Shock and Ska
By Dan MacIntosh
Experiencing a Buck-O-Nine show these days is about the same as it’s always been over the past two decades or so since this popular SoCal ska-punk group’s been together.
“I think our goals are pretty similar now to when we first started out,” Buck-O-Nine lead singer Jon Pebsworth explains. That is “just to have our shows be as fun and wild as possible. And I think that’s mainly our goal today, even though we don’t play as many shows, and we don’t tour and stuff anymore.”
Playing live today (the band is scheduled to perform Friday as part of The Vault’s Legends of Punk & Ska Series 2013) is certainly fun for the act; maybe even more fun than ever.
“Honestly, in some ways I think it’s more fun,” Pebsworth admits, “because there’s less pressure. I think when we first started out it was really fun because nothing really mattered. ‘Cool, we’ve got a show! We’re going to drink beers and have fun.’ And then when things start to get serious. ‘Oh, there’s record deals involved, and there’s managers and agents and lawyers.’ When all that stuff starts to happen, it’s still exciting and fun, but I think it puts a little bit more pressure on things and it can take away a little of the fun. And now, we just don’t give a shit.”
Accumulated age has given Buck-O-Nine a slightly different overall perspective on band life. “You can just get up on stage and just have a blast now,” Pebsworth enthuses. “We don’t care if we’re selling T-shirts. We don’t care if we’re making money. All we care about is that our microphones work and we have some beers onstage.”
Buck-O-Nine has sure come a long way from singing about its hometown with “My Town,” the group’s modern rock radio hit from 1997. “The band is based out of San Diego,” Pebsworth elaborates, “and that song was written on my porch at my little apartment in La Jolla.” Pebsworth now lives in Los Angeles, which is where he grew up, but the San Diego area will always hold a special place in his heart. “I left L.A. to go to San Diego for college,” he recalls “and that’s where I met the Buck-O-Nine guys. And I just ended up staying there for all the years that we toured.”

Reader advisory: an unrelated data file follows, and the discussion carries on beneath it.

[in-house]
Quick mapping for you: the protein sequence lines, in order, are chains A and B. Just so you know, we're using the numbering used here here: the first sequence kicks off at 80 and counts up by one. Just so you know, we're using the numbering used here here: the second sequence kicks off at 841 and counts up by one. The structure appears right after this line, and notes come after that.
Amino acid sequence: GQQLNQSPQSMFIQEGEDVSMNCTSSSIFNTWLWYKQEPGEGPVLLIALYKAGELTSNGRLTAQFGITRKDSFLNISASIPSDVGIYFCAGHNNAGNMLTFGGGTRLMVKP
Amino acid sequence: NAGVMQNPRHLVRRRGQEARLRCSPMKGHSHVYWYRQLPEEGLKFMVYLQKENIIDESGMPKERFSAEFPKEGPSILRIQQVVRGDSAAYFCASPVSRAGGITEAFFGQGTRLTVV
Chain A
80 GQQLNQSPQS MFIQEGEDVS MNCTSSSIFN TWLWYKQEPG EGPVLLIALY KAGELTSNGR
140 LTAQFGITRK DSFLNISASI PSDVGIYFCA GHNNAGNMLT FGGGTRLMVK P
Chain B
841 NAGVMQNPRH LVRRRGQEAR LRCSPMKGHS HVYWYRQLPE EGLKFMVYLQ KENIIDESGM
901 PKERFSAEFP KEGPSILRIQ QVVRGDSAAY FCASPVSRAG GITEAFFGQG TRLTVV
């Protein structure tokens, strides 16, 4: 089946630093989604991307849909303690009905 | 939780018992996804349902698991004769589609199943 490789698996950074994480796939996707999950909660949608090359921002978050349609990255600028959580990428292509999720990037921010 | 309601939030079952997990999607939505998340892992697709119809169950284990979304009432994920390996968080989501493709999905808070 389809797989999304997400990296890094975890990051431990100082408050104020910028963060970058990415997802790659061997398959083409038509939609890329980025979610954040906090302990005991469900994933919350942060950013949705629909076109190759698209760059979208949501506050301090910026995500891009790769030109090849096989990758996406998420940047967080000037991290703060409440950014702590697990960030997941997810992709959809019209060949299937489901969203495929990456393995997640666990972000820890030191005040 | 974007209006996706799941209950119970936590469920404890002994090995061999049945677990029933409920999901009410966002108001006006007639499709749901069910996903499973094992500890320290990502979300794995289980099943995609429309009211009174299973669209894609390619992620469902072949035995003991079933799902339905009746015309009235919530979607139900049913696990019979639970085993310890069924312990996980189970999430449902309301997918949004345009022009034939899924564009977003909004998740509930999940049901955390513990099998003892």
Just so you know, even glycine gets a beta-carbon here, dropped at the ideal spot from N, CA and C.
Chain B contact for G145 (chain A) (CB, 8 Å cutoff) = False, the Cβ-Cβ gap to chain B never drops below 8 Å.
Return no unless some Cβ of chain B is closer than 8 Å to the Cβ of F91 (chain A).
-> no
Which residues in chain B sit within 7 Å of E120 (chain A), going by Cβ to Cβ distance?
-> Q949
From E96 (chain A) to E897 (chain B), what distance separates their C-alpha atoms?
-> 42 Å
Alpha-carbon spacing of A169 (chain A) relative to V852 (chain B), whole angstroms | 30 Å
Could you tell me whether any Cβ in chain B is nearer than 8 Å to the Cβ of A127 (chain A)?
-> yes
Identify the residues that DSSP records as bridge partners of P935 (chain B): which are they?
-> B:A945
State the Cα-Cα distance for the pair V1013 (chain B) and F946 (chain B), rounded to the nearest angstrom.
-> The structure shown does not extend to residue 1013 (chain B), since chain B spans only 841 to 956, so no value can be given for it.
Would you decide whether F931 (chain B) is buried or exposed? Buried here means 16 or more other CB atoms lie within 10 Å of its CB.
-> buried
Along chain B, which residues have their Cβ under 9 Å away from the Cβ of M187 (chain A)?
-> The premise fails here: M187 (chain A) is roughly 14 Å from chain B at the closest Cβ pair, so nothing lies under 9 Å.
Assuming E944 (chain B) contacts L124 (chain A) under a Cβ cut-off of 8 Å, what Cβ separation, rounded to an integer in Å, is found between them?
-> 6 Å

Pebsworth plays a slightly different role today, than back when Buck-O-Nine was madly touring around the world. Ska may not be all the rage like it was when the act was signed to TVT Records and touring Japan and nearly everywhere else. Nevertheless, Pebsworth’s nieces and nephews think he’s a rock star, even though he no longer rides atop the ska wave.
“My sister has kids, and I’m Uncle Jon,” says Pebsworth. “They’re, like, ‘Uncle Jon is in a band! He’s famous!’ And I’m, like, ‘Well, I wouldn’t really say ‘famous,’ but I appreciate what you’re trying to say.’”
There’s just something pure and organic about a band that plays live for the love of the music, as Buck-O-Nine now does. Even so, Pebsworth won’t soon forget those days when he was truly ‘big in Japan.’
When performing for the first time in Japan, Pebsworth describes that experience as “just being overwhelmed.” It did, indeed, inspire an epiphany. “It all kind of hit me at one moment, right as I walked on stage for the first show, on the first Japanese tour,” he recalls. “I was, like, ‘I can’t believe I’m in Japan! And I’m singing songs that I wrote in my underwear in my apartment in San Diego.’”
Buck-O-Nine at The Vault, 41607 Enterprise Cir., Temecula, (951) 296-9993; www.thevaultconcerts.com. Fri, Feb. 8. 6:30pm. Tickets $12.